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Neuron

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NEURON
A neuron (/ˈnjʊərɒn/ nyewr-on or /ˈnʊərɒn/ newr-on; also known as a neurone or nerve cell) is an electricallyexcitable cell that processes and transmits information through electrical and chemical signals. These signals between neurons occur via synapses, specialized connections with other cells. Neurons can connect to each other to formneural networks. Neurons are the core components of the brain and spinal cord of the central nervous system (CNS), and of the ganglia of the peripheral nervous system (PNS). Specialized types of neurons include: sensory neuronswhich respond to touch, sound, light and all other stimuli affecting the cells of the sensory organs that then send signals to the spinal cord and brain, motor neurons that receive signals from the brain and spinal cord to cause muscle contractions and affect glandular outputs, and interneurons which connect neurons to other neurons within the same region of the brain, or spinal cord in neural networks.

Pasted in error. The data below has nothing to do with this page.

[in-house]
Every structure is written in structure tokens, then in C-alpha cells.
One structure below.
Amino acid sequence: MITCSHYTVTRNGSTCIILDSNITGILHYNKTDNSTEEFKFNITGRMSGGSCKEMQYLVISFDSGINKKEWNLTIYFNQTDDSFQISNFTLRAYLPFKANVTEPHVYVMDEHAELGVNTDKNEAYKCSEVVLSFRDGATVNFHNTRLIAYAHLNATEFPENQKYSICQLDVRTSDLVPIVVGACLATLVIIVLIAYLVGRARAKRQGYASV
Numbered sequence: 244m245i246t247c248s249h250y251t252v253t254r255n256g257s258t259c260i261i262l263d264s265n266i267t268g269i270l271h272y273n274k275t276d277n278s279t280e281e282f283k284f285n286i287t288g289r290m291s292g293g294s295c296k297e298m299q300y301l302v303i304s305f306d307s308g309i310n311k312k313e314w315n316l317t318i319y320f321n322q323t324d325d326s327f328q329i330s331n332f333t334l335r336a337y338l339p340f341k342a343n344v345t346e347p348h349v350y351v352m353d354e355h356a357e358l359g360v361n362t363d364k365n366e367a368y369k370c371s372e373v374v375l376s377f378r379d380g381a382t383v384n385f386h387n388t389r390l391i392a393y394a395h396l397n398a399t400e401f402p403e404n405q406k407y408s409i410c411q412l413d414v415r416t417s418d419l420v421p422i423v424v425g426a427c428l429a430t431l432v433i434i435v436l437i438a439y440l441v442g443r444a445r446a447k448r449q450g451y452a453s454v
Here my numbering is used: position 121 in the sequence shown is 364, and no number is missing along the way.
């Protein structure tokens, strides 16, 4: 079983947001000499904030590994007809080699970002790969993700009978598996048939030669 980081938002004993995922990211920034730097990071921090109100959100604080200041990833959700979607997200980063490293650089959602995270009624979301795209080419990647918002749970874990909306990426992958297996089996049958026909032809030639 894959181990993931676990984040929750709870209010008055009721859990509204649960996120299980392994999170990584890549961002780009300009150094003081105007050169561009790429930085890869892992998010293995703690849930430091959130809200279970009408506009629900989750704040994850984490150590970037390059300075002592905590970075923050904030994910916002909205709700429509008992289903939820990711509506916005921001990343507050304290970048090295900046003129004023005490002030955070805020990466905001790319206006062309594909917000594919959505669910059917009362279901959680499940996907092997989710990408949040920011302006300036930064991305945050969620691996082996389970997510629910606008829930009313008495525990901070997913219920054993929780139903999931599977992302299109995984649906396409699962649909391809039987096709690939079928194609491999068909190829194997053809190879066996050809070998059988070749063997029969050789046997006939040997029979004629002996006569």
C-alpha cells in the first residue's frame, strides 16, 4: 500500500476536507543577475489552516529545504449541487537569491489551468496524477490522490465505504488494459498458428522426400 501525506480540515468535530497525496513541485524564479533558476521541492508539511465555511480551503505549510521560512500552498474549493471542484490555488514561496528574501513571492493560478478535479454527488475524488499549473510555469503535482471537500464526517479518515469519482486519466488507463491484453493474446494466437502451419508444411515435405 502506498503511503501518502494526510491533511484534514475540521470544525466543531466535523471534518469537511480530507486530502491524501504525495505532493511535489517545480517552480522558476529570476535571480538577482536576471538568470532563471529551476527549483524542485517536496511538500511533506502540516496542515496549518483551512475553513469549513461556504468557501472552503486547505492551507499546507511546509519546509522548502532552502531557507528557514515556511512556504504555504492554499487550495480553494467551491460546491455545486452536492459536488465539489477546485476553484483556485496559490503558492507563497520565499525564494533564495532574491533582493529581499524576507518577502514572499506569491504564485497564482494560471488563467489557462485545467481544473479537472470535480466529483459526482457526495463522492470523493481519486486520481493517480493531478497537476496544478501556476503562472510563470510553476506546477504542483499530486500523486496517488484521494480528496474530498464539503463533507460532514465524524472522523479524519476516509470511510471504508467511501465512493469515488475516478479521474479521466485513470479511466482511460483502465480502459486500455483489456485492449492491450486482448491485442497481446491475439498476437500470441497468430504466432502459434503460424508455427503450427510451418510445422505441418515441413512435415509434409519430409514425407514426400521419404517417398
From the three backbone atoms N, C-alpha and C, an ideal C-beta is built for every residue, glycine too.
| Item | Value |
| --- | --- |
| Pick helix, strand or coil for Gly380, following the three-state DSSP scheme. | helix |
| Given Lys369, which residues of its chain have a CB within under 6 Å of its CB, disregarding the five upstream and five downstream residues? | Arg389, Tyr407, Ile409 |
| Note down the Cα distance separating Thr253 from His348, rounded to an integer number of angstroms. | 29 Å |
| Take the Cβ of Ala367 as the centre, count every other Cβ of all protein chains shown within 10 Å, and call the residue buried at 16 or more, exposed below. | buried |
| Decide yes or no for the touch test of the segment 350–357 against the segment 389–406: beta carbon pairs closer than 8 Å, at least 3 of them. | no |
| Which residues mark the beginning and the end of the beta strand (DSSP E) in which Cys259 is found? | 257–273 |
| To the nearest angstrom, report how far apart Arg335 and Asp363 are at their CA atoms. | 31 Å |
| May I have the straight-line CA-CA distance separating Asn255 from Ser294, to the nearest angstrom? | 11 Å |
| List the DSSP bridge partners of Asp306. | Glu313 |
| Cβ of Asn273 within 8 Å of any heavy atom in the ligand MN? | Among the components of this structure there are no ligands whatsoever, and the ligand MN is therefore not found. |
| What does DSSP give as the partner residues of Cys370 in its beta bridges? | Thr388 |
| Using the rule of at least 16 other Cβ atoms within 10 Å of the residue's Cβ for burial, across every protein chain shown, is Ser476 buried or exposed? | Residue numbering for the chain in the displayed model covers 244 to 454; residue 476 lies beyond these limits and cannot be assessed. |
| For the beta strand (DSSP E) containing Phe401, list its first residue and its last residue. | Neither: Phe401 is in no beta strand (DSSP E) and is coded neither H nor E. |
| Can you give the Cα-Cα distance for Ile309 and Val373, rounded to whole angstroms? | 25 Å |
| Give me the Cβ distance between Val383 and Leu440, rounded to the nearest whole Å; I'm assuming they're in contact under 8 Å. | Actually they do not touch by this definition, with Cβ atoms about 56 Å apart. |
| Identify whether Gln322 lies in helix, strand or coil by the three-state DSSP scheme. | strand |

A typical neuron consists of a cell body (soma), dendrites, and an axon. The term neurite is used to describe either a dendrite or an axon, particularly in its undifferentiated stage. Dendrites are thin structures that arise from the cell body, often extending for hundreds of micrometres and branching multiple times, giving rise to a complex "dendritic tree". An axon is a special cellular extension that arises from the cell body at a site called the axon hillock and travels for a distance, as far as 1 meter in humans or even more in other species. The cell body of a neuron frequently gives rise to multiple dendrites, but never to more than one axon, although the axon may branch hundreds of times before it terminates. At the majority of synapses, signals are sent from the axon of one neuron to a dendrite of another. There are, however, many exceptions to these rules: neurons that lack dendrites, neurons…...

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